World War One diaries of St Helens officer revealed

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Central Library recently hosted a well-attended launch event for an insightful, moving and never-before-seen wartime diary, written by an officer during his time serving with the St Helens Pals.

The event took place exactly 101 years after the St Helens Pals left their home town to prepare for and fight in World War One, some tragically never to return.

With the help of St Helens Council, the St Helens Townships Family History Society was awarded a £40,000 grant from the Heritage Lottery Fund to research the history of 11th Battalion South Lancashire Regiment - known as the St Helens Pals.

‘The Great War Diary of A.T. Champion’ is the next instalment of the four year project by the society. Written by Alan Treweeke Champion, the Commanding Officer of ‘A Company’, the diary provides a personal narrative of 11th Battalion’s daily life and military operations during the First World War.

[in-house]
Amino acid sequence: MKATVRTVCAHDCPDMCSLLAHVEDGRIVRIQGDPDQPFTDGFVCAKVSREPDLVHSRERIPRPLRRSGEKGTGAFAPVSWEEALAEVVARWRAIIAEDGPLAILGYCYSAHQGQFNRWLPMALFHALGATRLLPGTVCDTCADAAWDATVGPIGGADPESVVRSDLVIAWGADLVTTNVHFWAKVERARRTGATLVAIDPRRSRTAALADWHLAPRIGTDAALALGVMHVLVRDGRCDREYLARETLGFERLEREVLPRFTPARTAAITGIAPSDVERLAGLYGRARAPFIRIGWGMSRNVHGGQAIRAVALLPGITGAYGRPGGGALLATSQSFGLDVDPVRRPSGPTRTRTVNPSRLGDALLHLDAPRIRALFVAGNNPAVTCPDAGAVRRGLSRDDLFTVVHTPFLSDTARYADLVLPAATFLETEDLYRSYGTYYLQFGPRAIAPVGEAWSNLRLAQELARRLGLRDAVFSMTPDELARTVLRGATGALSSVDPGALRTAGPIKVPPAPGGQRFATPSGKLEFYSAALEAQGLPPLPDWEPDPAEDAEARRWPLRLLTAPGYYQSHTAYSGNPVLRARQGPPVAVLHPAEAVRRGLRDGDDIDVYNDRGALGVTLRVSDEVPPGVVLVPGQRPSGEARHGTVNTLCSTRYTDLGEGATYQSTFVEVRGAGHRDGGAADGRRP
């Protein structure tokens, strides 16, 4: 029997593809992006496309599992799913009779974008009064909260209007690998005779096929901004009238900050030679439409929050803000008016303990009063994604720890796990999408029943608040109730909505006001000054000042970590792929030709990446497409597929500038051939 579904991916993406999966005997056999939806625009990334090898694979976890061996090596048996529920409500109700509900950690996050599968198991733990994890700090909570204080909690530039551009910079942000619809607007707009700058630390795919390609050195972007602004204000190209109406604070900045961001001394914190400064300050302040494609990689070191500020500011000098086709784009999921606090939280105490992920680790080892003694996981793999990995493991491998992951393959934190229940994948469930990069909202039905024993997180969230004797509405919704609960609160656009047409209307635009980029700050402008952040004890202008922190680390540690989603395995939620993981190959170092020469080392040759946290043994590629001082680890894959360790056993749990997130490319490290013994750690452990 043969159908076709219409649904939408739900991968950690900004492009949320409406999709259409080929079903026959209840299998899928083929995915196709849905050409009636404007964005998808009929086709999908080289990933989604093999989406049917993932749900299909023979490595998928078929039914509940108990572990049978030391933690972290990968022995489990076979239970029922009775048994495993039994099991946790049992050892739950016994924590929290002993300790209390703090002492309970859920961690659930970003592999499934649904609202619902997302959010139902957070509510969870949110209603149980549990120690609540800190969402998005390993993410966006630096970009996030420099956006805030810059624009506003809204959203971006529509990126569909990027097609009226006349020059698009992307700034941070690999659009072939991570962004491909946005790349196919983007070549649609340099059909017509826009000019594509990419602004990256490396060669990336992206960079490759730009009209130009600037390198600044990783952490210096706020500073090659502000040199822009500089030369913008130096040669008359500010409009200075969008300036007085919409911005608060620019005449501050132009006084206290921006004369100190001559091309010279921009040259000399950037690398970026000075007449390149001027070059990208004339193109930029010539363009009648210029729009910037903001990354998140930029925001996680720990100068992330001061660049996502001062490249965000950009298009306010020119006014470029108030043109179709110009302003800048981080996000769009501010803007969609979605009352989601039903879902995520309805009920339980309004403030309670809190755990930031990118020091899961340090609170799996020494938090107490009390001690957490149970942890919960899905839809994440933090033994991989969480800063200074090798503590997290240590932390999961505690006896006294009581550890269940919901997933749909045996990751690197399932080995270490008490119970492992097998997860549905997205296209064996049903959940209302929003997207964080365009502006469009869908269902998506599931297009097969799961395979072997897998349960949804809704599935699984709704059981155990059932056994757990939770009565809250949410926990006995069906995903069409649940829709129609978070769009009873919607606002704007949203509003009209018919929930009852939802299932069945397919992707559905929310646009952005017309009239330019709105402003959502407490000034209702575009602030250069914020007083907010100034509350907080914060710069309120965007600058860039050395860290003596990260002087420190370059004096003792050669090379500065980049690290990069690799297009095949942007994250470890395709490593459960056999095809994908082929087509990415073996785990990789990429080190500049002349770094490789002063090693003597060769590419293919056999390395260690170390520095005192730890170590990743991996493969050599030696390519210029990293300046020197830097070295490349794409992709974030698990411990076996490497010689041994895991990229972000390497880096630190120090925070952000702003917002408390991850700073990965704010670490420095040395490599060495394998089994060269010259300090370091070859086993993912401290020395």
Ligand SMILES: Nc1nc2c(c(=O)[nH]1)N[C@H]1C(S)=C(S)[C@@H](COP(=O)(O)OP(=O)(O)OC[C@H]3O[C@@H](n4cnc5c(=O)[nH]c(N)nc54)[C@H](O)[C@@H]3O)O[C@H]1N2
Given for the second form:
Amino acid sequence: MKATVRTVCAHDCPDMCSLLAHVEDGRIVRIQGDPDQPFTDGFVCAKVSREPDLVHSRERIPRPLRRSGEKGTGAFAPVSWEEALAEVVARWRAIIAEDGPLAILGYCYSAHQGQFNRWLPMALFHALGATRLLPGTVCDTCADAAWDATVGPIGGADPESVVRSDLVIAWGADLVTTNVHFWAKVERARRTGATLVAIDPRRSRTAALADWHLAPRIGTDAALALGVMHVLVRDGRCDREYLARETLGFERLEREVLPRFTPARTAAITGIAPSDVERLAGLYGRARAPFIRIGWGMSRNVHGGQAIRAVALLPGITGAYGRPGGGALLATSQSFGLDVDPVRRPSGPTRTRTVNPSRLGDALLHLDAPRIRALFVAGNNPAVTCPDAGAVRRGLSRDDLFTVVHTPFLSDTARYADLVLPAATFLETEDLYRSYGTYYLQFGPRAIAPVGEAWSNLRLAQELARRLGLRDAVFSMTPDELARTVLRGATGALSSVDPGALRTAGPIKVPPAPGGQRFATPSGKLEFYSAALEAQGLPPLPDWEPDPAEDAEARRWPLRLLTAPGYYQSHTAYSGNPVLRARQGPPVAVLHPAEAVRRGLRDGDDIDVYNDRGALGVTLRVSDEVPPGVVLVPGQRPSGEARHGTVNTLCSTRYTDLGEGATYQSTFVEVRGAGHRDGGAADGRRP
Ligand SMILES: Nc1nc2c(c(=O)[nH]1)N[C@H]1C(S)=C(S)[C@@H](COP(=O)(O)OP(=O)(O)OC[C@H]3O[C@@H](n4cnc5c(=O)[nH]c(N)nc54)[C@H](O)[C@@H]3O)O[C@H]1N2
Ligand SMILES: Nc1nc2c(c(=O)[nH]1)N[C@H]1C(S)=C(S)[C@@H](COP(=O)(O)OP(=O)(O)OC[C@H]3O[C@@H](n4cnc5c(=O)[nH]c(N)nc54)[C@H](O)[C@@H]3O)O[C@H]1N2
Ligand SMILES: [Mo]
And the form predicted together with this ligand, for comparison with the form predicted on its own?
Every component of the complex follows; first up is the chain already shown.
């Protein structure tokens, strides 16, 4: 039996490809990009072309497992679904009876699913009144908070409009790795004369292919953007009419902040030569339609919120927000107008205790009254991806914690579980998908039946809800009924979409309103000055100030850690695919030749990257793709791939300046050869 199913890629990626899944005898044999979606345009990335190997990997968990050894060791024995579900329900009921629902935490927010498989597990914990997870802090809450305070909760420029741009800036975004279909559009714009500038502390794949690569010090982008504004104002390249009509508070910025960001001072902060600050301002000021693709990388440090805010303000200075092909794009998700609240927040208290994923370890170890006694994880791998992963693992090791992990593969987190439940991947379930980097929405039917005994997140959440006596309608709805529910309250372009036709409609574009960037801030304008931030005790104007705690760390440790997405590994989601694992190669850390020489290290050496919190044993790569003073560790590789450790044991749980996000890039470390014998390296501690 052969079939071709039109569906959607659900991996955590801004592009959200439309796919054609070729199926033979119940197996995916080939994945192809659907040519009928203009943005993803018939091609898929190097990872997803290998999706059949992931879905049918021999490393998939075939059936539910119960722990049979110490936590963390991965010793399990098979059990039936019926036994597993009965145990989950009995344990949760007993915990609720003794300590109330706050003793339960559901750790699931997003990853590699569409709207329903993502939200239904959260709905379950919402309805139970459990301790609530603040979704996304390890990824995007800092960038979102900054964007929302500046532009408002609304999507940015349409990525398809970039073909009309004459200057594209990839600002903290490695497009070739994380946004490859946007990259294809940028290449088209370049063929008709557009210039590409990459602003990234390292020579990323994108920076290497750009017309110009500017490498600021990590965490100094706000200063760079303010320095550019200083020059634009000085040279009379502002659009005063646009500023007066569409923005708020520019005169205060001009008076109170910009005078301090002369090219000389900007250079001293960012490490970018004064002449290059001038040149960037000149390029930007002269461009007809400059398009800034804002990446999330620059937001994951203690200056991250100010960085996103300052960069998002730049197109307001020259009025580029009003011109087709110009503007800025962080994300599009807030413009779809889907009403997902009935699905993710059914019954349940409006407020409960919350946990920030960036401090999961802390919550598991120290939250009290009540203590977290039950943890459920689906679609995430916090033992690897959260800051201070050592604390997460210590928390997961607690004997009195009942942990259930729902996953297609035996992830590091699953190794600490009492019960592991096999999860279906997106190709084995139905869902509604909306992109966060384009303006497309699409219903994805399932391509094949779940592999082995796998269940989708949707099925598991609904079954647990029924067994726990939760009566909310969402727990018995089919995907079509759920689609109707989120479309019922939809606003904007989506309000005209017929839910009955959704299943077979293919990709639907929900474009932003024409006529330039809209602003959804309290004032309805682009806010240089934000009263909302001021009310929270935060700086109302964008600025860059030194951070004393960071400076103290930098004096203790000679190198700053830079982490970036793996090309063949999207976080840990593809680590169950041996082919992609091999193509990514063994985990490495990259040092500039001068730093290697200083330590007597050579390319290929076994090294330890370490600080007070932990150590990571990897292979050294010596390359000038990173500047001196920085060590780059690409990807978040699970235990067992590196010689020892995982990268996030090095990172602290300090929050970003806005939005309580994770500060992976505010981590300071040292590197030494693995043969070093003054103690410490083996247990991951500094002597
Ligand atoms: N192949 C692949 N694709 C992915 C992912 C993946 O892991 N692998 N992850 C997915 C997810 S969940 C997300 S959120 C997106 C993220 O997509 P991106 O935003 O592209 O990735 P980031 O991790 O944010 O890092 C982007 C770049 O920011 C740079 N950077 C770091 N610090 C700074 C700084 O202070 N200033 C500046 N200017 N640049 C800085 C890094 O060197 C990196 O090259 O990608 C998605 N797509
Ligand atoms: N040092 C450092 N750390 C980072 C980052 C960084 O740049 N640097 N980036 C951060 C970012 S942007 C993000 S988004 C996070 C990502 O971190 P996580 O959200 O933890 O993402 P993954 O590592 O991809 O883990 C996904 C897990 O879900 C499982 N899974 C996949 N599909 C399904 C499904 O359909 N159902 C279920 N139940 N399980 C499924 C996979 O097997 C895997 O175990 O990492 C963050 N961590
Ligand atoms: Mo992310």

Local military historian and editor of the book, Dave Risley, launched the book with a brief introduction to the events which led him to find the unique diary during his research at Lancashire Infantry Museum.

Many dozens of residents visited the library throughout the afternoon to collect a copy of the diary, listen to Dave’s talk and chat with members of the society, including St Helens Mayor and Mayoress, Councillors Steve and Lynn Glover.

Dave has spent much of his time over the last year at Fulwood Barracks, home to the museum, transcribing the original diary for publication.

He said: “It was a painstaking job to transcribe the diary, but it gives such a personal view of the 11th Battalion and is a wonderful companion to the St Helens Pals book which was published by the project last year.”

Coun Jeanie Bell, Cabinet Member for Public Health and Wellbeing, whose portfolio includes libraries, said: “Dave and the society have done a great job of bringing to light the history of the St Helens Pals over the course of the project, and the large turn-out at the event shows there’s an appetite for this history locally.

“The diary is all the more important since in the centenary years of WWI, it’s one of the few remaining voices we have of that period.”

Copies of the book were freely available at the event. If you missed it and want to get your hands on a copy, there is a limited supply remaining at the Local History and Archives Library, Gamble Building.

A limited number of the St Helens Pals Personnel book – another previous publication by the project – was also given out to people whose family members served with the regiment.